Right, I’m going to have to leave it there this evening – Rehearsals might not stop if a cast member can’t turn up, but I have to be more human less cold infested sleep monster by Tuesday… Over and out.


Directors Blog: A Monstrous Production

Hey Folks!

Another week has gone by and here I am again. This week I learnt I can write my blog on my phone! It’s probably going to take me twice as long as usual but since I’ve learnt this information I’m going to use it. Who knows, I might need to feed the cat or join in a one handed Mexican wave while I write and now I can. 

What’s happened this week…

The Carborundum Conundrum 

So when you’re putting on a Pratchett, unless you’re doing one about the Witches you’re probably going to need a troll (or a Golem which raises similar costume issues). And it’s not one of these “under the bridge – all we need is a  large hairy cast member in a loincloth and a club” type trolls. This is a Pratchett troll. Metamophical Rock. Sentient beings made out of rock. Huge silicone based life forms! Although right now I cannot find any concrete links to tell you how huge a troll is meant to, be discussion in rehearsals suggest they are meant to be between 8-10ft tall (Detritus from the books uses a old seige engine as a cross bow).

I stole the below picture from the Discworld wiki pages which gives you an idea of what we’re trying to achieve.

Now… that poses some issues for costuming. We contacted a local university that offers to help with these kinds of things as real life projects for students which help with employability, working with clients that sort of thing. Alas, none of the students wanted to make an 8ft troll costume. Lucky for us, our very own Carborundum was very interested in making his own. When we’re a little further down the road I’m going to badger Adam to write a blog post about how he’s gone about making it, because I think that would be interesting – I’d like to know! There is a reason for this long babble about trolls, ok so, Adam is very tall, I mean he’s not 8ft tall but he’s still tall. And he came into rehearsals this week with these…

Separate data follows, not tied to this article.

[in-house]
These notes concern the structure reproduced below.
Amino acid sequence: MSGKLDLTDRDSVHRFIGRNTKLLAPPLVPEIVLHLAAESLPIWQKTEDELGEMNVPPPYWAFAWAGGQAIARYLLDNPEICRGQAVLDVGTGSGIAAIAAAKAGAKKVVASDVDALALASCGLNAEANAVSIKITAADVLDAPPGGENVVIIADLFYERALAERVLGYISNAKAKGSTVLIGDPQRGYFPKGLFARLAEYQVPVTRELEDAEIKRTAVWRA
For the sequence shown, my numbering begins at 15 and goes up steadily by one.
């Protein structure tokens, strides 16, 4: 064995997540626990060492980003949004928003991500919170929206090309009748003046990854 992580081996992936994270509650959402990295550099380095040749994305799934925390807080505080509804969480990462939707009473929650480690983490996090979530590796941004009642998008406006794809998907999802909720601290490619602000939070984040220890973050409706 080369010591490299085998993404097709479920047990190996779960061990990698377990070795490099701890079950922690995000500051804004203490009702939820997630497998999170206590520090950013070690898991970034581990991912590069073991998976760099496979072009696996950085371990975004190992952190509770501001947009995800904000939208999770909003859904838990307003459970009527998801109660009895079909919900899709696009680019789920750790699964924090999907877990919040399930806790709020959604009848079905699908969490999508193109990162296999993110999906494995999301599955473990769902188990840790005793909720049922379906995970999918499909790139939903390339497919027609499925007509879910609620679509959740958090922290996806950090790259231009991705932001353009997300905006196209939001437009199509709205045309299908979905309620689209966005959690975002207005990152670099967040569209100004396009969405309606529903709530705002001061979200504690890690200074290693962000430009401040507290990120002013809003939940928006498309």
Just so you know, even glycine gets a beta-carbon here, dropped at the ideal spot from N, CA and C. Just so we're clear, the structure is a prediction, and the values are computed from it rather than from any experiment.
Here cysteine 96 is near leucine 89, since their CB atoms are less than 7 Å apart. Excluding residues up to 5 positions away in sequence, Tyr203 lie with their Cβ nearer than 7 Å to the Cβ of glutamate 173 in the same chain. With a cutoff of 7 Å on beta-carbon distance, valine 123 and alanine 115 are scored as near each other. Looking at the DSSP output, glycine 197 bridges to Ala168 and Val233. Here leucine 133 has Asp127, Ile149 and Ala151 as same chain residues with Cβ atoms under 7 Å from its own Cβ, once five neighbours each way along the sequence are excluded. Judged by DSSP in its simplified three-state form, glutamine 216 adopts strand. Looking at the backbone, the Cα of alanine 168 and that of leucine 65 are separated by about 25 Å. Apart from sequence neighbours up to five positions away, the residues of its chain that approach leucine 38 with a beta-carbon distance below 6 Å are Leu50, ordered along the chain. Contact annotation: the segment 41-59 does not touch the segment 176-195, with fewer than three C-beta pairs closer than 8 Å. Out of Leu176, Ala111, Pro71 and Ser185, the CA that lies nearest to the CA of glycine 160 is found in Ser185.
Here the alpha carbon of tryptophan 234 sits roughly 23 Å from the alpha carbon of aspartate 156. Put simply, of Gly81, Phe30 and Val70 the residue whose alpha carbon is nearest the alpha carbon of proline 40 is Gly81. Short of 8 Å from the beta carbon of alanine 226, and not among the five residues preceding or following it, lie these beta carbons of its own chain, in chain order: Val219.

They are a prototype, but amazing!

It means that our Carborundum really does tower over the cast, just to give you an idea… 

Impressive huh? 

I’m not going to show you the whole costume when it’s made – If you really want to see it you’re going to have to come and see the show! But it’s going to be so cool. I am very exited about it! These feet also bring in risk assessments – yes I know, it’s not the most exciting of subjects. But they’re important. But I breathed a sigh of relief that I blocked Carborumdum coming on last all the time. But also I need to remind the Regiment when these are worn in rehearsals and during the run not to start retreating backwards off stage if they make a mistake! I don’t want any toes going under the troll feet. 

On My Oath I Am Not A Violent Man…